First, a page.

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Hundreds of U.S. News Sites Push Malware in Supply-Chain Attack

The threat actor known as TA569 has compromised the infrastructure of an undisclosed media company and is using this infrastructure to deploy the SocGholish JavaScript malware framework on the websites of hundreds of newspapers across the United States. While the exact number of compromised websites is unknown, more than 250 have been identified by Proofpoint and they noted that the attack has affected outlets based in New York, Boston, Chicago, Miami, and Washington D.C., among others. The media company in question is a firm that provides video content and advertising to major news outlets.

To carry out this campaign, TA569 injected malicious code into a benign JavaScript file that gets loaded by the compromised websites. This file was then used to install SocGholish, which infected those who visit the compromised websites with malware payloads camouflaged as fake browsers updates. These fake browser updates were delivered as ZIP archives in formats such as “” and “Firefox.Update.Zip” via fake alerts.

Similar campaigns using SocGholish have been seen from other threat actors in the past. For example, the Evil Corp cybercrime gang used SocGholish to infect over 30 U.S. private firms. This attack was also carried out through fake updates on compromised news websites with an end goal of ransomware deployment.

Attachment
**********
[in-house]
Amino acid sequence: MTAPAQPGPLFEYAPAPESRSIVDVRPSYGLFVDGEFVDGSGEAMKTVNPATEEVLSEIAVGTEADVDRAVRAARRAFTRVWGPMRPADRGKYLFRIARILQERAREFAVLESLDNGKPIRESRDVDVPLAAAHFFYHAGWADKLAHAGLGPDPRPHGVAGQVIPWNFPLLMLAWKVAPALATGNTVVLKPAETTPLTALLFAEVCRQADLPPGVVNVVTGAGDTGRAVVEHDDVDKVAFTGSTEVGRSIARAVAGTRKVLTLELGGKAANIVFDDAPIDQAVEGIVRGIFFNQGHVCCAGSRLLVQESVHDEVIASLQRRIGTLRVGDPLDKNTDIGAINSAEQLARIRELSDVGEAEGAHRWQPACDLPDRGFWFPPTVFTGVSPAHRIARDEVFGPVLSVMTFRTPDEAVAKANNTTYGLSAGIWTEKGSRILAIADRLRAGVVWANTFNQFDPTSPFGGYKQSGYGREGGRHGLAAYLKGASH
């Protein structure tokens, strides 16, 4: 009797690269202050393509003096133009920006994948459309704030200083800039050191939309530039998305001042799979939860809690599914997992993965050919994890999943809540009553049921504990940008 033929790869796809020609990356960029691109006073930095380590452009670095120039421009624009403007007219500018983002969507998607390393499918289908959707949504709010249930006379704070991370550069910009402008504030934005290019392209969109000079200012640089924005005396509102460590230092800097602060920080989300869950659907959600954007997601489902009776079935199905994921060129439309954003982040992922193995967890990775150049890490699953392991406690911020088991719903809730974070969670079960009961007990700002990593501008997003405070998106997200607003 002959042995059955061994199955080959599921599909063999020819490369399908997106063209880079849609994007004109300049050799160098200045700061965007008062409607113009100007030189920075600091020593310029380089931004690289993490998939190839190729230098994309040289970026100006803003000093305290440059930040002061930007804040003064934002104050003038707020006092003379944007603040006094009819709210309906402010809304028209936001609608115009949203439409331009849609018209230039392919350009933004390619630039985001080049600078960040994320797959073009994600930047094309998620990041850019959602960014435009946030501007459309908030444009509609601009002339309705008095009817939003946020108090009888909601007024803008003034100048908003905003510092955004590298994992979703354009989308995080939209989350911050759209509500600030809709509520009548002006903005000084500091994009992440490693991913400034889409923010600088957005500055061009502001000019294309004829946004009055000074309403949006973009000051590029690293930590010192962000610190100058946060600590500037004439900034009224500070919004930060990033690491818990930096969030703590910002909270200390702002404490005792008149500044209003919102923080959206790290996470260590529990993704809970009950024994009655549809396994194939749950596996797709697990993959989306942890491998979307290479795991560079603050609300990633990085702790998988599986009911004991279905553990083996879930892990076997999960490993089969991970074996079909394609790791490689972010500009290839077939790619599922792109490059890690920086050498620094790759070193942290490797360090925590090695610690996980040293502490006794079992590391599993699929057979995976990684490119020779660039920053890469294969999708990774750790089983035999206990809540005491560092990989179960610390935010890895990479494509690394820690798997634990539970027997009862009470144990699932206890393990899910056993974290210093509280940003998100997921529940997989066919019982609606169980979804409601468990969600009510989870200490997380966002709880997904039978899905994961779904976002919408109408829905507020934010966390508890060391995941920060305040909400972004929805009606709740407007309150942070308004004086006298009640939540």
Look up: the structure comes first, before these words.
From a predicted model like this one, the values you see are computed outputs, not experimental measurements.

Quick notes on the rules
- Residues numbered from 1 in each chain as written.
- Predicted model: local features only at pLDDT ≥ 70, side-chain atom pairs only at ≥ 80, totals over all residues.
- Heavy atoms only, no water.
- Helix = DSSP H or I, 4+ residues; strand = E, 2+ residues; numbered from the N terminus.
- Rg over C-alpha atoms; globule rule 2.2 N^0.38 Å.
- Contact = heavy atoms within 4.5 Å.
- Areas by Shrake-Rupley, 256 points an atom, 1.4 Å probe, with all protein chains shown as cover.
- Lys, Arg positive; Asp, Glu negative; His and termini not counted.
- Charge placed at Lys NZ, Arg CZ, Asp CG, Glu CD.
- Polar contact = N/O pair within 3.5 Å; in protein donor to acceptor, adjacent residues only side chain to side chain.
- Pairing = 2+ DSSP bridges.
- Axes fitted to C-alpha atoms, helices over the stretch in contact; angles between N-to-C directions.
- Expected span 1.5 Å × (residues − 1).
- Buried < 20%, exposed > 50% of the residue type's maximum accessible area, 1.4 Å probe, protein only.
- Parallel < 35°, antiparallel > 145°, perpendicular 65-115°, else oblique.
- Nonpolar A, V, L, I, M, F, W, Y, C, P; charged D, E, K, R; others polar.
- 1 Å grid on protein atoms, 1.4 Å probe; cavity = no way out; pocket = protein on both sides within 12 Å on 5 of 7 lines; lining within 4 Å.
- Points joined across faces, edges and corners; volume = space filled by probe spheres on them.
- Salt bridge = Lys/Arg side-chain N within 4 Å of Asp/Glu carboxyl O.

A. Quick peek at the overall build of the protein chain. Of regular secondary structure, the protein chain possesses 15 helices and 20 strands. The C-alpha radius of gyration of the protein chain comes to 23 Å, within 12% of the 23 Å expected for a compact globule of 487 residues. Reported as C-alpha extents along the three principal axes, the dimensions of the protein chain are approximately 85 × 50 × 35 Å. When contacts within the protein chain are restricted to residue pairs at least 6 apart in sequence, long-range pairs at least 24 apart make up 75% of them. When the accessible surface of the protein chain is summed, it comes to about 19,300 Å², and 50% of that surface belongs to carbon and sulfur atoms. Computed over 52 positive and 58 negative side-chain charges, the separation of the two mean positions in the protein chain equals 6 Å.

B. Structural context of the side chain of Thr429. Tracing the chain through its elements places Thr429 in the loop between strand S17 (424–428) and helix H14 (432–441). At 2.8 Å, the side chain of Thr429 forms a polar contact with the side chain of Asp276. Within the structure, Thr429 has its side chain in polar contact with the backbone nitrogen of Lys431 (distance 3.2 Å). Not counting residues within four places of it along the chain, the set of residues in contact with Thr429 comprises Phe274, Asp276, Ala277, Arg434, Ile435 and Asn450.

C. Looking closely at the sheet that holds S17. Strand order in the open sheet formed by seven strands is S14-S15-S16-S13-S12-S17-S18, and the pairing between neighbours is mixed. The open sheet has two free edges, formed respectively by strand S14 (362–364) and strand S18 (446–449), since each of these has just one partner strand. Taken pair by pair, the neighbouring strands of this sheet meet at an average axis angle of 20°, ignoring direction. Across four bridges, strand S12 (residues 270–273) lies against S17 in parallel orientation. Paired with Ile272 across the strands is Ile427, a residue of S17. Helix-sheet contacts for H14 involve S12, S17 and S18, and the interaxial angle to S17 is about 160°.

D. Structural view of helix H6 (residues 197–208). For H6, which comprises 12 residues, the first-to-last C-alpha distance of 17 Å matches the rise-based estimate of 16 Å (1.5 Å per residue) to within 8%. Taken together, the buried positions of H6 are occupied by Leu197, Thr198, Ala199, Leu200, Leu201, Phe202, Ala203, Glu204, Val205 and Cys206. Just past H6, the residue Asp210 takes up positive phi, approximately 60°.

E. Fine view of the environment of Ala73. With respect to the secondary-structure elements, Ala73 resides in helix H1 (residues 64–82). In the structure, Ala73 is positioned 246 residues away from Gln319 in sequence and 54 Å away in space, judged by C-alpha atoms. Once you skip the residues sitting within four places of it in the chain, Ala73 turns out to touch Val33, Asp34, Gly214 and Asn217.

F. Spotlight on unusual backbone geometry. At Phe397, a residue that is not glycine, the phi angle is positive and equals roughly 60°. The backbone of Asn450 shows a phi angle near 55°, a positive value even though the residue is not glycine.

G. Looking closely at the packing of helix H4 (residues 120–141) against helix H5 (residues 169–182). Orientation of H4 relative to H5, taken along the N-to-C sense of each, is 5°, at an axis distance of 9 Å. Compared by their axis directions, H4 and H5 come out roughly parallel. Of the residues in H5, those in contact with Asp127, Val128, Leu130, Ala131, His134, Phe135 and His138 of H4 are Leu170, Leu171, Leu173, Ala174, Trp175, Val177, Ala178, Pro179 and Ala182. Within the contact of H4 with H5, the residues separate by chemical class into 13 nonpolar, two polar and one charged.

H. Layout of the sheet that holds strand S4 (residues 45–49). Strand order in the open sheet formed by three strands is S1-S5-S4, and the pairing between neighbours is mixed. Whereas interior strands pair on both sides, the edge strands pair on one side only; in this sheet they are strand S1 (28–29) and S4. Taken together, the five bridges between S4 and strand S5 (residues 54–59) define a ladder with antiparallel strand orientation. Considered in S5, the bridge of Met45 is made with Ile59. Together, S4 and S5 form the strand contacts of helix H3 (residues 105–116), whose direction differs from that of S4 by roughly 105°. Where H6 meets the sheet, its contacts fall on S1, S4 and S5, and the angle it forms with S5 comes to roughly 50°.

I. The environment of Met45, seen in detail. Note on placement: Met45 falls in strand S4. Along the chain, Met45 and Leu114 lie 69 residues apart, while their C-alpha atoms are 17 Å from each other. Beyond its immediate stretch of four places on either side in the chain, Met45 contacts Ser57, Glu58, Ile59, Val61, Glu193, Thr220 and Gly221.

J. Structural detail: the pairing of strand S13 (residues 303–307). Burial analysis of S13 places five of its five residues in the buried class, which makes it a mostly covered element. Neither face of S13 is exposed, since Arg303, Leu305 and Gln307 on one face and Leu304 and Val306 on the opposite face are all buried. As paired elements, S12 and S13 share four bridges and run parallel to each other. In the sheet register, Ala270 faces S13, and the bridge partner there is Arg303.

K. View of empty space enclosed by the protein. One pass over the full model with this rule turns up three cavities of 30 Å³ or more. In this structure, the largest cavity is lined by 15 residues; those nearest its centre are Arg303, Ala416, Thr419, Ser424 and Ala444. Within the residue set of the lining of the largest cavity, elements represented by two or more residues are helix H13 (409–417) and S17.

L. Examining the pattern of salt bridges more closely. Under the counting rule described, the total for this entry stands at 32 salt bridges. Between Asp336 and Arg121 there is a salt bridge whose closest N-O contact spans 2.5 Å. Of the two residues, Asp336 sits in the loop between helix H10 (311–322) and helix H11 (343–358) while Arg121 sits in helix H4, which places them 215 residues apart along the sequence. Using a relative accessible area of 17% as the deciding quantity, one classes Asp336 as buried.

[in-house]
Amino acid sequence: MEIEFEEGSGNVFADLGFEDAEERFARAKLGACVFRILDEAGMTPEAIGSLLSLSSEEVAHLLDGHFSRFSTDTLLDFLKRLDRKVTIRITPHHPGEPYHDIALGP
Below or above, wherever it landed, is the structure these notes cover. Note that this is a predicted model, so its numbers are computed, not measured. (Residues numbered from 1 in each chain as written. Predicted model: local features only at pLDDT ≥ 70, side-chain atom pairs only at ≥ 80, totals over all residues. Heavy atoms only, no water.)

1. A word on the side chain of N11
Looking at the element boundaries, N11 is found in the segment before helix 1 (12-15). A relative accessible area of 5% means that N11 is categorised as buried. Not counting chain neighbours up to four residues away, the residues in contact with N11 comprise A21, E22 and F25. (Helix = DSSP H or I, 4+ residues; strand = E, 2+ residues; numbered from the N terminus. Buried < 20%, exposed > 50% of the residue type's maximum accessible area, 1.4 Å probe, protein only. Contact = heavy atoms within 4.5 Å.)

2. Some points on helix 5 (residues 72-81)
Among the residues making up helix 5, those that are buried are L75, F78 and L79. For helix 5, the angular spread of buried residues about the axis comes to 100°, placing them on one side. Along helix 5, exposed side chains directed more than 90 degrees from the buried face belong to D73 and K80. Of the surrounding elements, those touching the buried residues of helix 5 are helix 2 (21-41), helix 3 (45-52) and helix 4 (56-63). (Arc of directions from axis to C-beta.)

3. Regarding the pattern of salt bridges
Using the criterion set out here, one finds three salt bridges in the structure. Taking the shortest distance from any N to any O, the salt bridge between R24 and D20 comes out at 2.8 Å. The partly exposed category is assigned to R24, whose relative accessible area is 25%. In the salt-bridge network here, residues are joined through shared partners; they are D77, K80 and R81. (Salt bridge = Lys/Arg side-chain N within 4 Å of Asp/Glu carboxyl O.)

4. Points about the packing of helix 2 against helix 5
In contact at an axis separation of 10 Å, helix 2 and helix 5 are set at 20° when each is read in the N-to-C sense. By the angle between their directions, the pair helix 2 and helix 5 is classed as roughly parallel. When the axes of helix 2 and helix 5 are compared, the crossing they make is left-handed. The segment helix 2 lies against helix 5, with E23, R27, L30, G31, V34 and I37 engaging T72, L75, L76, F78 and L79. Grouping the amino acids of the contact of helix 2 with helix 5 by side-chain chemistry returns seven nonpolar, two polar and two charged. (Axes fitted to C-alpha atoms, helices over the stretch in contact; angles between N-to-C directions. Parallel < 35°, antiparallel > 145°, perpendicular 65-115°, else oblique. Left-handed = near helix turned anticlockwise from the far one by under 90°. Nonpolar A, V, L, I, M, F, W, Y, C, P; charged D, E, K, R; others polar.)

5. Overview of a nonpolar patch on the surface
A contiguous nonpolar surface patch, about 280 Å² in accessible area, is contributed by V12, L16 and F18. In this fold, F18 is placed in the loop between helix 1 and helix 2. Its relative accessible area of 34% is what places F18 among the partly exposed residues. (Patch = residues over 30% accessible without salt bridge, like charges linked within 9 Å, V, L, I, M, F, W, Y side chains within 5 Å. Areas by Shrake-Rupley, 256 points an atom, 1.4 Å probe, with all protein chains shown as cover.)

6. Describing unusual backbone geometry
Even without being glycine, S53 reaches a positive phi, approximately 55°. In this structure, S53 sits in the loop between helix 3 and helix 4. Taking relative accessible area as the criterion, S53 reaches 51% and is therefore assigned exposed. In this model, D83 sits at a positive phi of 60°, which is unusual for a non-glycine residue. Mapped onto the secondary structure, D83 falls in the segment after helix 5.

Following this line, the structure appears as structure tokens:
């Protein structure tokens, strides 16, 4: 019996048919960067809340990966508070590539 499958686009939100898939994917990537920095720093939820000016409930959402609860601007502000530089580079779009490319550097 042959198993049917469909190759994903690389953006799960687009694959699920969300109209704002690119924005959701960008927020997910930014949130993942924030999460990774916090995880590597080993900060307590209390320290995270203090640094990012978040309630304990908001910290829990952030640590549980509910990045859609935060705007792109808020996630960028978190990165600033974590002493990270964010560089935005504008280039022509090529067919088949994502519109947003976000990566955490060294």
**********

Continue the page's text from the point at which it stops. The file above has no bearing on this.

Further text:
Analyst Notes

This campaign highlights the ever-growing threat of supply-chain attacks. Typically, when browsing a newspaper website, the end user feels as if the site is reputable and secure. Combining this with a fake update alert from SocGholish, many users may trust this alert and fall victim to the threat actor. This form of phishing, while it can be completed at a much smaller scale, is amplified by the undisclosed media company compromise, as it allows the actors to compromise hundreds of different websites at once.

As this campaign is coming from legitimate and reputable sites, detection is more difficult. In the past, recommended detections for SocGholish search for file creations in the format “x.Update.Zip” as well as monitoring common paths that this malware has been seen writing to. However, these could easily be changed by an attacker, so the best strategy would be to ensure that organizations are implementing a defense-in-depth strategy that would detect any post-exploitation activities that may be carried out by actors using SocGholish.